As a general rule, bats aren’t the most beloved of creatures, and most people aren’t all that thrilled to see them hanging around the house. Stories of Dracula and vampires have tarnished their reputation, turning bats into blood-sucking creatures, though the majority are not. Rabies further smeared their good name, but the truth of the matter is that most bats, despite what we’ve been led to believe, never contract the disease.

As a general rule, in fact, bats are really not all that bad. When it comes to gardens, bats are downright beneficial to have around. They play a vital role in the ecosystem, participating in all sorts of natural cycles. They interact with other animals, they interact with plants, and they interact with the soil. By and large, all of these batty interactions are advantageous to what we, the humans, are trying to get done.


Bats Increase Biodiversity

Biodiversity has become a gardening buzzword, and while it is often used in reference to plants, having a variety of animals is just as important. There are over 1300 species of bats in the world, the second largest family of mammals. They vary in size, from wingspans of half of foot to six feet wide, and they live on all continents (with the exception of Antarctica).

With such a huge variety of bat species, there aren’t just different sizes, but also different living preferences, physical attributes, and feeding tendencies. In other words, when bats are on the scene, there is bound to be more biodiversity in the garden, and they generally aren’t big competitors with the other animals.

Bats Exterminate Pests

When we say bats don’t compete with other animals, we can’t include insects. Bats are amazing insect hunters, capable of eating a quarter of their own weight in insects every night. That’s a lot of bugs. What’s more is that they particularly like moths and other insects that seem to cause problems for plants.

Bats are renowned for lessening the need for pesticides and are a true friend to farmers. They are documented to eat the pests that feed on some of our most popular crops: rice, corn, coffee, tomatoes, beans, almonds, and more. For those of us doing it organically, bats are natural pest control.


Bats Pollinate Plants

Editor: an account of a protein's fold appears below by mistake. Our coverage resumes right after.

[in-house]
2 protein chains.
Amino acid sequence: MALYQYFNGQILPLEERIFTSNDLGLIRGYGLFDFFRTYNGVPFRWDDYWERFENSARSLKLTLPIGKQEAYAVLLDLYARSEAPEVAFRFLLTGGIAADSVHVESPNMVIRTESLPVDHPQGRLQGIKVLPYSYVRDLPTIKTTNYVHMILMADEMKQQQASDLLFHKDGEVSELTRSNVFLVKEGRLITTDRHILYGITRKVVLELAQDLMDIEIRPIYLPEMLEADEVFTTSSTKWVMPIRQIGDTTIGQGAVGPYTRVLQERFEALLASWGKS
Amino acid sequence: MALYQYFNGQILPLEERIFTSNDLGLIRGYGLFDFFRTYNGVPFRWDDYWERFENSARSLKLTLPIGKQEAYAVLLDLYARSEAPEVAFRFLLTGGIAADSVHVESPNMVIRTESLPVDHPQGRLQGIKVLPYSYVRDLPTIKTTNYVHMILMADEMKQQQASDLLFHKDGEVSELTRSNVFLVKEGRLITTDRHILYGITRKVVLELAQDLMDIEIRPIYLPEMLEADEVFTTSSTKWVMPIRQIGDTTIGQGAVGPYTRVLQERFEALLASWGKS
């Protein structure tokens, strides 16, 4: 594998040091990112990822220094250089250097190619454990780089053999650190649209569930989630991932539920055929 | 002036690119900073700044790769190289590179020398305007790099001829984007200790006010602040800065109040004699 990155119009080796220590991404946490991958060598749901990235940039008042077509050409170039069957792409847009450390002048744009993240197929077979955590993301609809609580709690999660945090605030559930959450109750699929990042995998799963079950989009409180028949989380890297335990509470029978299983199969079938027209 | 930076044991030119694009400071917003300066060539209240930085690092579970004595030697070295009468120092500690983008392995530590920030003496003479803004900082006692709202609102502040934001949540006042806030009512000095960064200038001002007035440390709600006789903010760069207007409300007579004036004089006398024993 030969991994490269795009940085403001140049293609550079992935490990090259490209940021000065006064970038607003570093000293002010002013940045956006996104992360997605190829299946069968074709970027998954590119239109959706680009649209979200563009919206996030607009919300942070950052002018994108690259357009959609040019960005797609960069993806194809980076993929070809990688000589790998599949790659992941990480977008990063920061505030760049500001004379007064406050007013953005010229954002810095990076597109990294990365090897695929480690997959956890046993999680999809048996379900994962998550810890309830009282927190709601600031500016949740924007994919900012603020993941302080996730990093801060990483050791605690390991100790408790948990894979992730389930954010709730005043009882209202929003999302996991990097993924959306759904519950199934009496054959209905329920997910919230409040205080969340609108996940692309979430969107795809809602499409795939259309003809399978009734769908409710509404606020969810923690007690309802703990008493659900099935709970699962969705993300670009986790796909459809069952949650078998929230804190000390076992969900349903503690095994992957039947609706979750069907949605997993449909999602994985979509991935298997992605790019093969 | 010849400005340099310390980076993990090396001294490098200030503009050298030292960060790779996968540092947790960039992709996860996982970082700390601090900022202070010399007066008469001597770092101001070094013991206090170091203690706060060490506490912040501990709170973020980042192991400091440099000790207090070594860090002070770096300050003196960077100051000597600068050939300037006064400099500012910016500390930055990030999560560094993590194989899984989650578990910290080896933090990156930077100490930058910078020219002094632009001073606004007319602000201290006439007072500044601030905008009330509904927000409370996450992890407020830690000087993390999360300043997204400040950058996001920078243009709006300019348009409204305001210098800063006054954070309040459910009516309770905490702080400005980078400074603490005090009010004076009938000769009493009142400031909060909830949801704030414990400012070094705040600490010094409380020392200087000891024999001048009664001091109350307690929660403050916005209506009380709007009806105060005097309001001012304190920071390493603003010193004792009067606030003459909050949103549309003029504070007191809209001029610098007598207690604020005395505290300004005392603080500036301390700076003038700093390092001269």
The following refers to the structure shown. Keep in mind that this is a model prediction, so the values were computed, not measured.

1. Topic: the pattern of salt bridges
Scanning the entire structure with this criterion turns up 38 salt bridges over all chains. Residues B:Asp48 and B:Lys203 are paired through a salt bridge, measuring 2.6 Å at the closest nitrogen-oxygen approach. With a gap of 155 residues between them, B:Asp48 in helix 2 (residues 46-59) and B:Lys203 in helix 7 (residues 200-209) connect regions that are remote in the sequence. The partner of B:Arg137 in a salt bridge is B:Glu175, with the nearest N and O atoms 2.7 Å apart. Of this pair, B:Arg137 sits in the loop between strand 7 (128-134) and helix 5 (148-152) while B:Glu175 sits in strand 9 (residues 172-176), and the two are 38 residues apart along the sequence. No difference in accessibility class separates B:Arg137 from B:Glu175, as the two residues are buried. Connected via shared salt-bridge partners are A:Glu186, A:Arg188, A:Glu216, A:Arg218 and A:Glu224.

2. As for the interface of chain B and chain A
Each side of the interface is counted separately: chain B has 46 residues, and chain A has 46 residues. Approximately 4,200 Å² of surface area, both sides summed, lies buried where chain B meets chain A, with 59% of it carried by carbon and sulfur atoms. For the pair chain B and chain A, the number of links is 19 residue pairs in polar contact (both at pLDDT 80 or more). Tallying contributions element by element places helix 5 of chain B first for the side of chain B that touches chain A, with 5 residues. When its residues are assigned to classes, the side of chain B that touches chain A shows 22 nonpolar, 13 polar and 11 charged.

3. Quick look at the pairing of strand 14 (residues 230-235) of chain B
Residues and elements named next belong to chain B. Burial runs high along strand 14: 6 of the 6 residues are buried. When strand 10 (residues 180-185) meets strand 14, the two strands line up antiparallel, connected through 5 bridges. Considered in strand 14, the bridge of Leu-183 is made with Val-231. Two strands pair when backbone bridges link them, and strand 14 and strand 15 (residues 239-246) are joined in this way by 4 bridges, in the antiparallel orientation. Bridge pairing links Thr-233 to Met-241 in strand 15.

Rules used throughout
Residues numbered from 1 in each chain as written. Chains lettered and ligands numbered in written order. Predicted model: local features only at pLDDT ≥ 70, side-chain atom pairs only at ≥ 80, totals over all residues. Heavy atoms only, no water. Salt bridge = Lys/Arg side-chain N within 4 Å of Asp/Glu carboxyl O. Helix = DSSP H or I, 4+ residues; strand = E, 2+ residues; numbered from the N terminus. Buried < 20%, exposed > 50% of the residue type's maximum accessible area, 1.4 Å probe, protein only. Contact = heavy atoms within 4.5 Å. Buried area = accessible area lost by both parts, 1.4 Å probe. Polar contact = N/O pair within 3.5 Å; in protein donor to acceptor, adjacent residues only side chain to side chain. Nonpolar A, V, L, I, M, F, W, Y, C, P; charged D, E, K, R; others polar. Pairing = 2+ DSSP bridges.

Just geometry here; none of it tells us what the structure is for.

While many bats are busy eating their fill of garden pests, others happily spend their time darting from flower to flower, like bees. Some bats are nectar-eaters, and like other animals — butterflies, bees, etc. — that go for nectar, they pollinate plants as they zip around collecting nectar.

Bats are known to pollinate up to 700 species of plants, including some favorites, such as mangoes, figs, avocados, peaches, and dates. In other words, without bats, our menus, especially plant-based desert ones, would be a lot less interesting.

Bats Cultivate Seeds

Some eat insects, some like nectar, and then there are just straight-up fruit bats, that like sweet treats, such as bananas, figs, palms, and cacao. After they gobble up dinner, they fly out and deposit the seeds across the jungle (or wherever), and from these seeds, new plants arise.

Bats, like many other animals, are great natural gardeners. By simply going about their business, both eating and defecating, they prime seeds for cultivation. They strip away all the fruit and the send the seeds down to the ground in perfect little fertile capsules.


Bats Excrete Guano

Organic gardens rarely get much done without a little poop. Often we think of manure coming from cows or horses, possibly chickens or worms, but the reality is that wild animals, too, can provide high-quality manure for our gardens. Bat manure, or guano, is amongst the best around.

Typically, guano has a great balance of our ten percent nitrogen (green growth), three percent phosphorus (root growth), and one percent potassium (stem growth), as well as a host of micronutrients (healthy growth).  It also improves soil texture and adds a boost to its microbial life.


How to Get Bats in the Garden



With all these benefits being shelled out by bats, why wouldn’t we want them around? Luckily, they are easy to accommodate. Getting bats into the garden just requires building them a tiny box house to go in a tree or roughly 16 feet high and supplying that house with a little sunlight for warmth. They’ll settle inside it during the daytime, and at night, they’ll set out and get to work.

Lead image source: cowboy54/Shutterstock